As far as I know, the EMC Atmos does not support FDE disks that do this encryption for you, so you might need to find another way to encrypt the data and set up the appropriate access control lists. I agree with BarryB that "erasure codes" have been around for a while and that there is nothing unsafe about using them in this manner. All forms of RAID-5, RAID-6 and even RAID-X on the IBM XIV storage system can be considered a form of such encoding as well. As for the amount of long-distance bandwidth that Atmos GeoProtect would consume to provide this protection against loss, you might question any cost savings from this space-efficient solution. As always, you should consider both space and bandwidth costs in your total cost of ownership calculations.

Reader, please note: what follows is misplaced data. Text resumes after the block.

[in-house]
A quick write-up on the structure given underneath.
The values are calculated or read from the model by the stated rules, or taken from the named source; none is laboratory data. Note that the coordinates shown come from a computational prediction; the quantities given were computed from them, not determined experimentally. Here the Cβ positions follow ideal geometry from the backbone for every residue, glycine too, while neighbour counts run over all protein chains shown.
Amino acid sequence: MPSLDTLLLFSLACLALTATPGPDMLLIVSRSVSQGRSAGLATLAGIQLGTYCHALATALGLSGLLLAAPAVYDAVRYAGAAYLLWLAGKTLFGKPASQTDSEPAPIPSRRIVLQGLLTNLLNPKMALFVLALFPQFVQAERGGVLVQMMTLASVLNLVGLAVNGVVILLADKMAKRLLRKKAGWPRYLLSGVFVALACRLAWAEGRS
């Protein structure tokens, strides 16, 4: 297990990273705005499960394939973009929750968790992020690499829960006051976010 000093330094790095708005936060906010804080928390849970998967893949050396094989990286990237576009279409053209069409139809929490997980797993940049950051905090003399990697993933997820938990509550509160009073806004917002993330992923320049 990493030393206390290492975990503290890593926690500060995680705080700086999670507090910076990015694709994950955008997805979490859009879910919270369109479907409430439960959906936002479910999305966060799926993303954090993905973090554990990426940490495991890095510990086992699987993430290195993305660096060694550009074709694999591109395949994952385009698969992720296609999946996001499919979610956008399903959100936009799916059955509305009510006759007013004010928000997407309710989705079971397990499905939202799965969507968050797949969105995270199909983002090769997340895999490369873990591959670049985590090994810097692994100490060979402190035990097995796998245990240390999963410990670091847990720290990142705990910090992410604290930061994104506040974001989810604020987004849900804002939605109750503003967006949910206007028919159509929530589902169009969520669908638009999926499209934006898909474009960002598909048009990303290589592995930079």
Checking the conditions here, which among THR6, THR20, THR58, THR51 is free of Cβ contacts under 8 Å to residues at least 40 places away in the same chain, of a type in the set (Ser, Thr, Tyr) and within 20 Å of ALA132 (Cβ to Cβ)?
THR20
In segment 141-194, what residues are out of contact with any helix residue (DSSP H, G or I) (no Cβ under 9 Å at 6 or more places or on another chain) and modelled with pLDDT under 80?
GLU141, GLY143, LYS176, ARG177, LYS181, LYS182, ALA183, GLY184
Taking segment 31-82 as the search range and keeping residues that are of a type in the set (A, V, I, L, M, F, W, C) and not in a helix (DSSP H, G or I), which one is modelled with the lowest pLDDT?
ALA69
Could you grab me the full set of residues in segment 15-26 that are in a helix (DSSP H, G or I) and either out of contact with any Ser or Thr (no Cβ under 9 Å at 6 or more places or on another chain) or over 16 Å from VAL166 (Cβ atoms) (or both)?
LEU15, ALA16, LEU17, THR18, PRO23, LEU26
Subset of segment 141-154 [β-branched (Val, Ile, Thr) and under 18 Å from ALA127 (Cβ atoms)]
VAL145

Of course, if saving money is your main concern, you should consider tape, which can be ten to twenty times cheaper than disk, affording you to keep a dozen or more copies, in as many time zones, at substantially lower cost. These can be encrypted and written to WORM media for even more thorough protection.